Additionally, I got to film a Studio B session for Yaeji, which I was absolutely OVER THE MOON about, because I've never filmed a Studio B session before! In case you don't know, Studio B is the recording studio in the classical music vault of WOBC, the radio station which I am a staff member of, and part of Studio B programming is getting touring artists to come in and play a live session that is then recorded and filmed for later internet release. I've watched countless numbers of Live from Studio B videos on Youtube since before I even came to Oberlin, so it felt like a real Spielberg moment to have the camera in MY hands.
I feel immensely proud of everything that the Asia America Art Collective accomplished over the weekend, and of my friends who organized it. Together, we discussed immigration, gentrification of Manhattan's Chinatown (where I have cultural and familial roots), the lives of Filipina nurses who immigrated when they were young women to this country, Bruce Lee, and many other things. I often wonder what it would have been like if I had gone to school on the West Coast, where the AAPI population is much greater, but it's moments and weekends like these that make me feel perfectly happy to be where I am. It isn't easy to be Asian American and Pacific Islander on this campus for a variety of reasons that aren't unique to Oberlin, but in carving out a space for our community to engage with individuals outside of the College and Conservatory, and to use art to promote uplift and release, has created a powerful sense to me that we as AAPIs belong here, and that our community's presence adds layers to the mission and goals of Oberlin College. I feel reenergized as an artist again, after discussing my worries about my work with others, in the knowledge that I have my own place in the APID community of artists.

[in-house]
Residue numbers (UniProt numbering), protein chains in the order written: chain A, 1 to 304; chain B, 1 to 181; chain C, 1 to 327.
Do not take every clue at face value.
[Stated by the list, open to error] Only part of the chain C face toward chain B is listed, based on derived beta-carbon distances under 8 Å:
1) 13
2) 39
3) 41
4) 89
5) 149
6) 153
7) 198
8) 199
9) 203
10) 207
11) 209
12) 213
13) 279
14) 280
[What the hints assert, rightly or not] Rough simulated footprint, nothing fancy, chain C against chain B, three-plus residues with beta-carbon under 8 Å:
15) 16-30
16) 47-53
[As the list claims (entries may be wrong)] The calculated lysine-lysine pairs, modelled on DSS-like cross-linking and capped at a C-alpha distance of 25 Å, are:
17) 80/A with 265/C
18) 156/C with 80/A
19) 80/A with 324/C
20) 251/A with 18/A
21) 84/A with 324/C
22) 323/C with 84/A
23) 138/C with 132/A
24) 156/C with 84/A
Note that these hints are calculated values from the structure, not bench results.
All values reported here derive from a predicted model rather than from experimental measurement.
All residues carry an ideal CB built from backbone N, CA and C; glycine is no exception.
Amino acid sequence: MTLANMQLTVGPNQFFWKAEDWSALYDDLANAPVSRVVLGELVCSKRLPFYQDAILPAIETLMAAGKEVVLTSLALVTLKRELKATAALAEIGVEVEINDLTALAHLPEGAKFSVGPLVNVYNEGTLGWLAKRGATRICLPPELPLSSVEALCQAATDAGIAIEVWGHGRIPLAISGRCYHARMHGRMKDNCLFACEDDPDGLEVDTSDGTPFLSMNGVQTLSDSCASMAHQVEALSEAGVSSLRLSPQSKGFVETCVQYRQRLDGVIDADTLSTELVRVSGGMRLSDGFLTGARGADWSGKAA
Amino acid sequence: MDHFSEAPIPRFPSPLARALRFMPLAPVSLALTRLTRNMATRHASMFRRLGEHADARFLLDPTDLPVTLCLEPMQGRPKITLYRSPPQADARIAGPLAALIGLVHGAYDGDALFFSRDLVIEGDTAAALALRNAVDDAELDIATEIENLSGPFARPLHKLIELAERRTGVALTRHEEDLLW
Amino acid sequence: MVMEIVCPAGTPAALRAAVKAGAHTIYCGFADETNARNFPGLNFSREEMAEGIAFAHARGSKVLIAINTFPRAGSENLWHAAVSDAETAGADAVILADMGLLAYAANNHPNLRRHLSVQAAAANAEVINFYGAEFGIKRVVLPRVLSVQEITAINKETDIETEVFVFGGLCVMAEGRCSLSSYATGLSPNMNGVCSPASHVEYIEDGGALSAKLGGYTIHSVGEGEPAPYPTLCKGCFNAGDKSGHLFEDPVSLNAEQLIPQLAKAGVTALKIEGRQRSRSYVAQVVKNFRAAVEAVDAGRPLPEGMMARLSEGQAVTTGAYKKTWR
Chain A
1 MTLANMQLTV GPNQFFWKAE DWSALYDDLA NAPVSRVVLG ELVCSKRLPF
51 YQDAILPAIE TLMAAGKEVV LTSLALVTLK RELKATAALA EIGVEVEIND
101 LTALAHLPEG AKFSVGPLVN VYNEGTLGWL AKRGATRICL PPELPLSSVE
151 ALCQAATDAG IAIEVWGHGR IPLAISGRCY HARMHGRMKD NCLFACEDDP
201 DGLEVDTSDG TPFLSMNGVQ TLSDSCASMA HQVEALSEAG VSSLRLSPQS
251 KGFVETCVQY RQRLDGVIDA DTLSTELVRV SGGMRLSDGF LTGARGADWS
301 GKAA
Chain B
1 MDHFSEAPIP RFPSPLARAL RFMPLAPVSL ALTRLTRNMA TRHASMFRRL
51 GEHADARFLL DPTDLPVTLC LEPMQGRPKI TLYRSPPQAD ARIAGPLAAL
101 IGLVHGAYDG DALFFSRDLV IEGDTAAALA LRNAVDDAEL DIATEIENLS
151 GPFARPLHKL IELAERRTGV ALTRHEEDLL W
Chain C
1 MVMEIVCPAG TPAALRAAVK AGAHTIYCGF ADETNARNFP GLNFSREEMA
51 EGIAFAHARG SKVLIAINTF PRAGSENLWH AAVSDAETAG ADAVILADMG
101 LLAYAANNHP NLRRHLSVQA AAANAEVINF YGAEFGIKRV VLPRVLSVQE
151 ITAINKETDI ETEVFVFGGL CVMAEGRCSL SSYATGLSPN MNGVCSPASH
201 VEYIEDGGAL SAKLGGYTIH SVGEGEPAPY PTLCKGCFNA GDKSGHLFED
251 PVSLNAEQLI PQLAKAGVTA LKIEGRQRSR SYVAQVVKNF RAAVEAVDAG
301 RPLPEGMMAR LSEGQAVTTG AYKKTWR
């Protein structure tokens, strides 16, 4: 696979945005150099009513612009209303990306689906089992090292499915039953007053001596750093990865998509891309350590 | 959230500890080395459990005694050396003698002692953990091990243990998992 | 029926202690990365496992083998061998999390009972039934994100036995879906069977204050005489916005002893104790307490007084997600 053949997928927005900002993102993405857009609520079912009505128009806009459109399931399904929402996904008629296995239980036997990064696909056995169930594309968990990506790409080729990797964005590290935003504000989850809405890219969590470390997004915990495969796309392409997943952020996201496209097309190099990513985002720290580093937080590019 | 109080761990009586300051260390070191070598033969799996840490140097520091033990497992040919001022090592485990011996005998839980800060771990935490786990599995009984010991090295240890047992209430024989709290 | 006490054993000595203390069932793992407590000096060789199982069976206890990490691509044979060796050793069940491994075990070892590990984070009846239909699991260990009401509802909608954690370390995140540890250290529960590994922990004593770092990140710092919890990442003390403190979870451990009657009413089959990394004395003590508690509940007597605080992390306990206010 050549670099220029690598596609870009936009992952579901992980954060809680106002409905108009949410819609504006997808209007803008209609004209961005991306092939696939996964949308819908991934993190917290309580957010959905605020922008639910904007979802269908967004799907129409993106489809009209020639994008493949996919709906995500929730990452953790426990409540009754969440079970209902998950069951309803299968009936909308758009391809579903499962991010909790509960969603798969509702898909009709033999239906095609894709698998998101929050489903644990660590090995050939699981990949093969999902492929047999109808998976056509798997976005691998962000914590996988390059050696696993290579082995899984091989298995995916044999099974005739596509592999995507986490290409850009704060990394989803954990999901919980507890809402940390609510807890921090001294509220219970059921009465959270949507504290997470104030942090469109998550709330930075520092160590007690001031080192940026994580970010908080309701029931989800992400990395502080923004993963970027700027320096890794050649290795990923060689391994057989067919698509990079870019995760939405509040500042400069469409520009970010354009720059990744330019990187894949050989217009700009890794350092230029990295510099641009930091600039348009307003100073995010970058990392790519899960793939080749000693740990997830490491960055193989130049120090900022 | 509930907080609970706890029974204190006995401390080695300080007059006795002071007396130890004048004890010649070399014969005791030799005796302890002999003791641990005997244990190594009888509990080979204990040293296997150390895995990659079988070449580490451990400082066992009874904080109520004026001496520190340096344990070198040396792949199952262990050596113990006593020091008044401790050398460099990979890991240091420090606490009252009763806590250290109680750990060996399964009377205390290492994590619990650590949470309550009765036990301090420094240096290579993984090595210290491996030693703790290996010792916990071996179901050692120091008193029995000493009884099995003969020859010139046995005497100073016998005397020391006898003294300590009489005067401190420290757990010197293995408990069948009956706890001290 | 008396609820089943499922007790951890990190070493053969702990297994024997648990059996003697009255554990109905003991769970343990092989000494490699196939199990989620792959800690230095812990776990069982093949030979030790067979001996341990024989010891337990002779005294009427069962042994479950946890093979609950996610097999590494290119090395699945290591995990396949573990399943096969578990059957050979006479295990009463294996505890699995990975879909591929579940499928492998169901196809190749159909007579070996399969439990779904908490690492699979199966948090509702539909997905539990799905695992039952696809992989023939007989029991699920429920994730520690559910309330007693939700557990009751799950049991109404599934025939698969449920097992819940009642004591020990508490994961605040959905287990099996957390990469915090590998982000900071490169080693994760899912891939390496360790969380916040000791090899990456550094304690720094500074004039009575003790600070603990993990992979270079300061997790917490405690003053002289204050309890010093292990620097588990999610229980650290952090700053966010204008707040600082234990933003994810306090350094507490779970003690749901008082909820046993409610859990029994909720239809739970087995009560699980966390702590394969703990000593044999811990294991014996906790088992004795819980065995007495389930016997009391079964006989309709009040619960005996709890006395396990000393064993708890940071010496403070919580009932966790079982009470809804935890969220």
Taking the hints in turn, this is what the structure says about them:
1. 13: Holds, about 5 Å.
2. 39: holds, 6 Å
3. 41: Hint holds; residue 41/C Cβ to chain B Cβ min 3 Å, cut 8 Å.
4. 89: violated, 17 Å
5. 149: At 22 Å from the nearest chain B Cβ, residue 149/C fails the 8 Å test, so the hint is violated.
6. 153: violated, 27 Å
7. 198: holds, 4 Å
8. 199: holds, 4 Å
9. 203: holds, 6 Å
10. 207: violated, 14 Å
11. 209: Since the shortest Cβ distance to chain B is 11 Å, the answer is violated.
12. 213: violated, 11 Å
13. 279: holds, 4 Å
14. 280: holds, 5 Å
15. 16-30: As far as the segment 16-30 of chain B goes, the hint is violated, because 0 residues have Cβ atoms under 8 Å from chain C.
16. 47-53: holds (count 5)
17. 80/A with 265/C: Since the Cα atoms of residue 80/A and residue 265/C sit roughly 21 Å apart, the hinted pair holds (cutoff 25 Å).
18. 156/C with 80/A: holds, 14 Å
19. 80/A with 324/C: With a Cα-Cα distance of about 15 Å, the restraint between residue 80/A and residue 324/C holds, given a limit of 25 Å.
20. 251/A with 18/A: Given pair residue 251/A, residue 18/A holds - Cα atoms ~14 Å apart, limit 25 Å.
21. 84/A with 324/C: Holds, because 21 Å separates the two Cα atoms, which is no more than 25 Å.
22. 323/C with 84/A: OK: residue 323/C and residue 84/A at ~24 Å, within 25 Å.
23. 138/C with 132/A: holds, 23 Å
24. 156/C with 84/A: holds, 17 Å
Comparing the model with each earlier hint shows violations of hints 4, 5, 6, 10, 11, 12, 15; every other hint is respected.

Here's the list of artists that were part of the Asia America Art Collective this weekend!
- Kenneth Eng, filmmaker
- V1984, DJ
- Yaeji, DJ
- Liz Moy from the Chinatown Art Brigade
- Jenifer K. Wofford, visual artist
- Troy Osaki, spoken word poet